September 21, 2016
Toronto, ON – Researchers at the University of Toronto’s Citizen Lab are publishing a report today that provides detailed evidence regarding the use of the services of Canadian company Netsweeper, Inc. to censor access to the Internet in the Kingdom of Bahrain.
Internet censorship is growing globally, and many countries now block access to large swathes of Internet content for their entire populations. Some of these countries, like Bahrain, use Western technologies to filter the Internet, raising corporate social responsibility concerns about the provision of technology, such as that sold by Netsweeper, Inc.
Bahrain has been in a period of extended political crisis since a stifled uprising in 2011, and the Bahraini government has engaged in a series of repressive tactics against oppositional political figures and human rights activists, including torture, arbitrary arrests and the revocation of oppositional figures’ citizenship. Internet censorship is another means by which the government limits access to information and stifles freedom of speech, not just for activists or human rights defenders, but to everyone else in the country during this time of crisis.
Research for the report, entitled “Tender Confirmed, Rights at Risk: Verifying Netsweeper in Bahrain,” was undertaken over several months, and included a variety of in-country and remote network measurement and technical interrogation techniques. The report provides evidence that Netsweeper installations are present on nine Internet Service Providers (ISPs) in Bahrain. Testing on one of these ISPs, Batelco, shows the Netsweeper installation is being used to filter political content, including content relating to human rights, oppositional political websites, Shiite websites, local and regional news sources, and content critical of religion.
According to the report “[t]he sale of technology used to censor political speech and other forms of legitimate expression, to a state with a highly problematic human rights record, raises serious questions about the corporate social responsibility practices of Netsweeper, Inc.”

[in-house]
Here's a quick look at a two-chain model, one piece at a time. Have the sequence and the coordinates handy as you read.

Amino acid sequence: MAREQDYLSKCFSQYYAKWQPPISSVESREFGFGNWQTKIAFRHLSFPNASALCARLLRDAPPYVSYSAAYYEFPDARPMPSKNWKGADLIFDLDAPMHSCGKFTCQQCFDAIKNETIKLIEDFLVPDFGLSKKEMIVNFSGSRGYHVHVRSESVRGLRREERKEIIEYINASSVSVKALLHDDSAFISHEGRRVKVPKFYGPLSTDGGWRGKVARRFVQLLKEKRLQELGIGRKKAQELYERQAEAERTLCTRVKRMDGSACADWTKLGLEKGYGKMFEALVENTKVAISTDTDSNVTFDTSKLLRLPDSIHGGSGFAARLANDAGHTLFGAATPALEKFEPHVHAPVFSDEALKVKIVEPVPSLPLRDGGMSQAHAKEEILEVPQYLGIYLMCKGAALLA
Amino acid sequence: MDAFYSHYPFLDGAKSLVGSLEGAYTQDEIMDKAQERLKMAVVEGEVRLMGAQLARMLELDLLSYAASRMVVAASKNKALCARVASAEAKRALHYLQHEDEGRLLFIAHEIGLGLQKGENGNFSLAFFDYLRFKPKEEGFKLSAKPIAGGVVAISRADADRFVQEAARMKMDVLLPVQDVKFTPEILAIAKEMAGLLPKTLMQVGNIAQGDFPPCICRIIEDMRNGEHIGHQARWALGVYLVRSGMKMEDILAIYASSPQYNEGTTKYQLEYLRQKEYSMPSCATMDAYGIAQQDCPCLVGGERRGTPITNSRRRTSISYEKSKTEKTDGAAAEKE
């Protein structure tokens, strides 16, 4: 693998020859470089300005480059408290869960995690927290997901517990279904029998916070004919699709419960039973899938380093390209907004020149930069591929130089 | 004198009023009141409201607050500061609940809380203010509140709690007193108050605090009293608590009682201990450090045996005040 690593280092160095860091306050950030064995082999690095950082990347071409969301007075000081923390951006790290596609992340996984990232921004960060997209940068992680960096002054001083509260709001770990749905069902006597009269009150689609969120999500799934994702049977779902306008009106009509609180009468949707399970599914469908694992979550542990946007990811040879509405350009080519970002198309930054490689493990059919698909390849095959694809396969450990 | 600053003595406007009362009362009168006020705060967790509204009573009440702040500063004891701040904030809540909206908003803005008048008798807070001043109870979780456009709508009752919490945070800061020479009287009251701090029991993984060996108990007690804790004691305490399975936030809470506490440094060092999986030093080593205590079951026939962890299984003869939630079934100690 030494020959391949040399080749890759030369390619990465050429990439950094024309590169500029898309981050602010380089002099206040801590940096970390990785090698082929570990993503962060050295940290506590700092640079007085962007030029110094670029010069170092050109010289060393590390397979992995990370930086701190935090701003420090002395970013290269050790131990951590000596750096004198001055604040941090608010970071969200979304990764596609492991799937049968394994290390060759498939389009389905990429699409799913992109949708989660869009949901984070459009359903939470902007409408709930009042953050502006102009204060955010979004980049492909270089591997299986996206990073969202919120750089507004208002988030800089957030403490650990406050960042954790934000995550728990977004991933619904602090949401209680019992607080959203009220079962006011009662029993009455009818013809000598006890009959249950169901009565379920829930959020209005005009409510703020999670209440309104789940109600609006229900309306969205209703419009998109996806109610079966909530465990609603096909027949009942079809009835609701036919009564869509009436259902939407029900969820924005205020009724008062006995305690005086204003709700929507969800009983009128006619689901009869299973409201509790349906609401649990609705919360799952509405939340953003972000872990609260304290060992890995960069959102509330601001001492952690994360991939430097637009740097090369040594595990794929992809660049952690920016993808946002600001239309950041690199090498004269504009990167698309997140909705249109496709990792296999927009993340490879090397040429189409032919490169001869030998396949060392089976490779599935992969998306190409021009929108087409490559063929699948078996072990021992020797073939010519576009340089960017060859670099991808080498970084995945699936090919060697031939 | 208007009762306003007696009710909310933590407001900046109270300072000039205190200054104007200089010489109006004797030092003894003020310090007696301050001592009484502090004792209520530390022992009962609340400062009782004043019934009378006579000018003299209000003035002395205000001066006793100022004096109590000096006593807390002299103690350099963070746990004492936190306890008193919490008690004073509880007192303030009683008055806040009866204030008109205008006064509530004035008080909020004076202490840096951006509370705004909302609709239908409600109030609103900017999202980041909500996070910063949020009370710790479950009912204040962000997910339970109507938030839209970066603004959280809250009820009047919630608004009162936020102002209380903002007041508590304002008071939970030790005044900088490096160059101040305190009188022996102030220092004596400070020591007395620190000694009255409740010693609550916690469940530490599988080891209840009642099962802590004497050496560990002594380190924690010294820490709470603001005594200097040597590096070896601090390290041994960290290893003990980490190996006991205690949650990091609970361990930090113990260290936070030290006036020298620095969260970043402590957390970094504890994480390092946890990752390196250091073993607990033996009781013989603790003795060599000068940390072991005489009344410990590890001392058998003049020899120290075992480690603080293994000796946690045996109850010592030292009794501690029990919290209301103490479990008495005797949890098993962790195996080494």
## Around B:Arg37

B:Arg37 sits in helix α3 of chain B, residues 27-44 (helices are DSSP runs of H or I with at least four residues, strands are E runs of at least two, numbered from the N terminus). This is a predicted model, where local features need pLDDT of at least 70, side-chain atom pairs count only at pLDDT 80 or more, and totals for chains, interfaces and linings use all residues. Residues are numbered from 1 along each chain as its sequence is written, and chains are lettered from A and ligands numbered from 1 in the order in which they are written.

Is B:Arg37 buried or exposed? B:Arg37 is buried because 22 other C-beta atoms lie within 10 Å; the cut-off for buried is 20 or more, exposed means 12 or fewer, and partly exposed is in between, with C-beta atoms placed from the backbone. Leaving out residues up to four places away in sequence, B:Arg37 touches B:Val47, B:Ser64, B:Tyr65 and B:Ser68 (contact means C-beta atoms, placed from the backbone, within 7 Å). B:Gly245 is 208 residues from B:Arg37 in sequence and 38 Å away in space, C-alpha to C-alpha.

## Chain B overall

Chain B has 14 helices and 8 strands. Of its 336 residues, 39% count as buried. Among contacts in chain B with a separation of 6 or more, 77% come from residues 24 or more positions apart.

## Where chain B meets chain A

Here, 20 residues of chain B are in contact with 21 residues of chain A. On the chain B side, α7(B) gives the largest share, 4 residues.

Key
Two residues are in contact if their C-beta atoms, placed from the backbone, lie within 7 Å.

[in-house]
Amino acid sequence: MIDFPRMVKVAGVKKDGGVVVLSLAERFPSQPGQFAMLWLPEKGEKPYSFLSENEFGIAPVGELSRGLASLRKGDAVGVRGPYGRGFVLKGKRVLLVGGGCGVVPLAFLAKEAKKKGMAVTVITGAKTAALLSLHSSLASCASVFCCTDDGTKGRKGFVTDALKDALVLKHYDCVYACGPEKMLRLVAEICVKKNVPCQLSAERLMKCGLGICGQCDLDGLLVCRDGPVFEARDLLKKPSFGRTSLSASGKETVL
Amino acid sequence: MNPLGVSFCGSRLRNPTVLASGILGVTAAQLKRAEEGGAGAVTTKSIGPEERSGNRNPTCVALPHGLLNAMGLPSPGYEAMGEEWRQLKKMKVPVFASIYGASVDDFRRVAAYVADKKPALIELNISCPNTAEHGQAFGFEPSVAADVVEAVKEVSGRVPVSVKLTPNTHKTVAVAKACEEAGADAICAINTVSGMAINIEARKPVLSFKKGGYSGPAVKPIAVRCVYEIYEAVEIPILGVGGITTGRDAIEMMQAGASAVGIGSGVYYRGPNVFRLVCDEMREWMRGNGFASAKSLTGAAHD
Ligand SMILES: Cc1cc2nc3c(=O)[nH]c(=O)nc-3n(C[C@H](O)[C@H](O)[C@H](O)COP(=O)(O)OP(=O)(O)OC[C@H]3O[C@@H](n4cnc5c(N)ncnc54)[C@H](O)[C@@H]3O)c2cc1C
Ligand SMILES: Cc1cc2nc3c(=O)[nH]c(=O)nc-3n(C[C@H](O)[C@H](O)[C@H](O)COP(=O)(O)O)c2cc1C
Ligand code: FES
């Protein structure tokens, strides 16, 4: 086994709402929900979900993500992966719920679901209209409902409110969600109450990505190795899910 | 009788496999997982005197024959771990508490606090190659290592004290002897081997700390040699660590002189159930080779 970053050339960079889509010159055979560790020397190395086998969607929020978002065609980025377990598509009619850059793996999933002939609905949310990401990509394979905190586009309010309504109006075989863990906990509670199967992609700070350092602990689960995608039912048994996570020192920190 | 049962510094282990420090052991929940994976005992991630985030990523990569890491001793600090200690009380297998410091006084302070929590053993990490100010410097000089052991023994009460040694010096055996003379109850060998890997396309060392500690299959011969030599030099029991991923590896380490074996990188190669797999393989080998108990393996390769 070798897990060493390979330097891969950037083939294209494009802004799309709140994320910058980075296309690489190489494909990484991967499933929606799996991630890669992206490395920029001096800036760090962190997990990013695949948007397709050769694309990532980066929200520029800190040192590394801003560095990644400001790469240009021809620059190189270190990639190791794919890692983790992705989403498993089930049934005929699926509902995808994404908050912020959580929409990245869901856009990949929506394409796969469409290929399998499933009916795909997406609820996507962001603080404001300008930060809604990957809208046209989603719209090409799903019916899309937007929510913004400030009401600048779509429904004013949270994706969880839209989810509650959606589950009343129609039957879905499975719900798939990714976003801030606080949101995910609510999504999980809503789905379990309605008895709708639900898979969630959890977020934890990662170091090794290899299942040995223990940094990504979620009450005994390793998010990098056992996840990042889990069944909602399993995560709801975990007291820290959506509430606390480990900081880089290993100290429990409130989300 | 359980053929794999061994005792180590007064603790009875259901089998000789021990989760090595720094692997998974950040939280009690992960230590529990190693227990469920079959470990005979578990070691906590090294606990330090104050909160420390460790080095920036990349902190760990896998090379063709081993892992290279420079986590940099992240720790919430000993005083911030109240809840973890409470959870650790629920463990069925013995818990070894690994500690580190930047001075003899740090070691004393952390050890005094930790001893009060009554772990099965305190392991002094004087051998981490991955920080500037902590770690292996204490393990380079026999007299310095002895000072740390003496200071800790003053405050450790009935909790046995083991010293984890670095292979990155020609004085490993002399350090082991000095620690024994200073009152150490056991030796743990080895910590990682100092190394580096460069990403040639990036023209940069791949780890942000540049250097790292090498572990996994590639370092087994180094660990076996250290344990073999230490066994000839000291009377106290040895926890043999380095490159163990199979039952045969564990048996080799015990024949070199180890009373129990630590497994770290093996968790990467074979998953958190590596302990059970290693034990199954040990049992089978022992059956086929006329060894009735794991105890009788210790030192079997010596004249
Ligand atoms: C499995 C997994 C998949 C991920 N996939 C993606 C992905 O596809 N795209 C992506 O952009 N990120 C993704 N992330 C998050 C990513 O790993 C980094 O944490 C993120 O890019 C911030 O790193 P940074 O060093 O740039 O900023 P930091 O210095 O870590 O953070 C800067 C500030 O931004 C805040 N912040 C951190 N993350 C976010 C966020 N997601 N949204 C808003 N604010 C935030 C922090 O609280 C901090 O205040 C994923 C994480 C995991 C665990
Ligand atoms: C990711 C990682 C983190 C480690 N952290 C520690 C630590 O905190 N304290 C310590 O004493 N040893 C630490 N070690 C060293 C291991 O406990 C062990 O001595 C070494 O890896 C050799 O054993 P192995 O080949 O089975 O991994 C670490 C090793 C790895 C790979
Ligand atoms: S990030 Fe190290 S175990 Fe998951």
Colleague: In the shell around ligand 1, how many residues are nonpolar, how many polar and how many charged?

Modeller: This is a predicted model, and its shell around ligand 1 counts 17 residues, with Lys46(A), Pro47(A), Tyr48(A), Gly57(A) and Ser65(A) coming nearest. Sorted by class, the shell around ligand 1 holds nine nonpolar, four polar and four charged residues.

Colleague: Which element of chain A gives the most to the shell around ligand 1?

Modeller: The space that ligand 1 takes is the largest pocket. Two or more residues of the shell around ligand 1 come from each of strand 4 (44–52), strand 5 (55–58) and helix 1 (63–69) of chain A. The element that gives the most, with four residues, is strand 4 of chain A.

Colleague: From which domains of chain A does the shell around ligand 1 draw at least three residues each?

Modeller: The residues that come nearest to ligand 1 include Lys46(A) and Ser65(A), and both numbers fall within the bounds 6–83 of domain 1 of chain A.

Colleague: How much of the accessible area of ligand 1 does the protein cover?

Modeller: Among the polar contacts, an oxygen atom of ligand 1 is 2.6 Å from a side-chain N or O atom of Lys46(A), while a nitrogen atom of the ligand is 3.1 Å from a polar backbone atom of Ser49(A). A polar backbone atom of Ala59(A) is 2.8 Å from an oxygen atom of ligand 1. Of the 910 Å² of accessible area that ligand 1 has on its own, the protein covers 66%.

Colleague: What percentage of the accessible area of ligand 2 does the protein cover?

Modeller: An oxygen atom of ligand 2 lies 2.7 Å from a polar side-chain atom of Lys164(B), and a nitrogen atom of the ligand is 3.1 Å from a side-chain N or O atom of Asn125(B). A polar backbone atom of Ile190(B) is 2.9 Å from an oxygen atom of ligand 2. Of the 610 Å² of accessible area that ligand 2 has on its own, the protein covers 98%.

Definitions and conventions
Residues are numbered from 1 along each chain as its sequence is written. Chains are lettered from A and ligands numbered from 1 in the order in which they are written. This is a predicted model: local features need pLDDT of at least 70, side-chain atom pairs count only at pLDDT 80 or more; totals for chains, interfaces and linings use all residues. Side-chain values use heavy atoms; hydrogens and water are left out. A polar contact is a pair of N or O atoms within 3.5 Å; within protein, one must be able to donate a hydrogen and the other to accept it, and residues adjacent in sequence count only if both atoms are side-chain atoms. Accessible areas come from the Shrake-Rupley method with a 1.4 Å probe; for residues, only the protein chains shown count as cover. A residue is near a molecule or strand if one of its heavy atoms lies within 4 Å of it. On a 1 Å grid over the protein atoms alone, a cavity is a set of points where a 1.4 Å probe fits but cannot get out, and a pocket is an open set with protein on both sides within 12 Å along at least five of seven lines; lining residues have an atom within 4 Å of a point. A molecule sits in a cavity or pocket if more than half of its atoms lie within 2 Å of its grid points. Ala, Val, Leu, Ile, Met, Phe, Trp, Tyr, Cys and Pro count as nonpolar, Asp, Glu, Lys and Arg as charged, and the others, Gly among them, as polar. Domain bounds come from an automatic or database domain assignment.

The report says the installations appear to have become active between May and July 2016, a few months after the release of a public tender by Bahrain’s Telecommunications Regulatory Authority in January 2016 indicating Netsweeper won a bid to provide a ‘national website filtering solution.’
“Bahrain is an autocratic regime, and one of the world’s worst offenders of human rights. Provision of Internet censorship services to Bahrain helps aggravate the Kingdom’s poor human rights record, and runs counter to the Canadian government’s explicit support of human rights online.” – Ron Deibert, Director of the Citizen Lab at the University of Toronto’s Munk School of Global Affairs.
Netsweeper has a track record of providing Internet censorship services to countries with poor human rights records. Prior research by the OpenNet Initiative (2003-2013), of which Citizen Lab was a part, identified the existence of Netsweeper’s filtering technology on ISPs operating in the Middle East, including Qatar, United Arab Emirates (UAE), Yemen, and Kuwait. Citizen Lab also outlined evidence of Netsweeper’s products on the networks of Pakistan’s leading ISP, Pakistan Telecommunication Company Limited (PTCL), in a report published in 2013, and subsequently published research showing Netsweeper products were being used by three ISPs based in Somalia, raising questions about the human rights implications of selling filtering technology in a failed state. In a report on information controls in Yemen in 2015, Citizen Lab examined the use of Netsweeper technology to filter critical political content, independent media websites, and all URLs belonging to the Israeli (.il) top-level domain.
Included in some of these reports were letters with questions that Citizen Lab sent to Netsweeper, which also offered to publish in full any response from the company. Aside from a defamation claim filed in January 2016, and then subsequently discontinued in its entirety on April 25, 2016, Netsweeper has not responded to the Citizen Lab. Citizen Lab’s letter to Netsweeper concerning the use of its technology in Bahrain is available here.
The Citizen Lab, based at the University of Toronto’s Munk School of Global Affairs, has extensive experience uncovering Internet censorship practices and identifying the products and services used to undertake them. For more about the Citizen Lab, see https://citizenlab.org/.
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Title: Tender Confirmed, Rights at Risk: Verifying Netsweeper in Bahrain
Published By: The Citizen Lab, Munk School of Global Affairs, University of Toronto
Publication Date: 21 September 2016
Report URL: https://citizenlab.org/2016/09/tender-confirmed-rights-risk-verifying-netsweeper-bahrain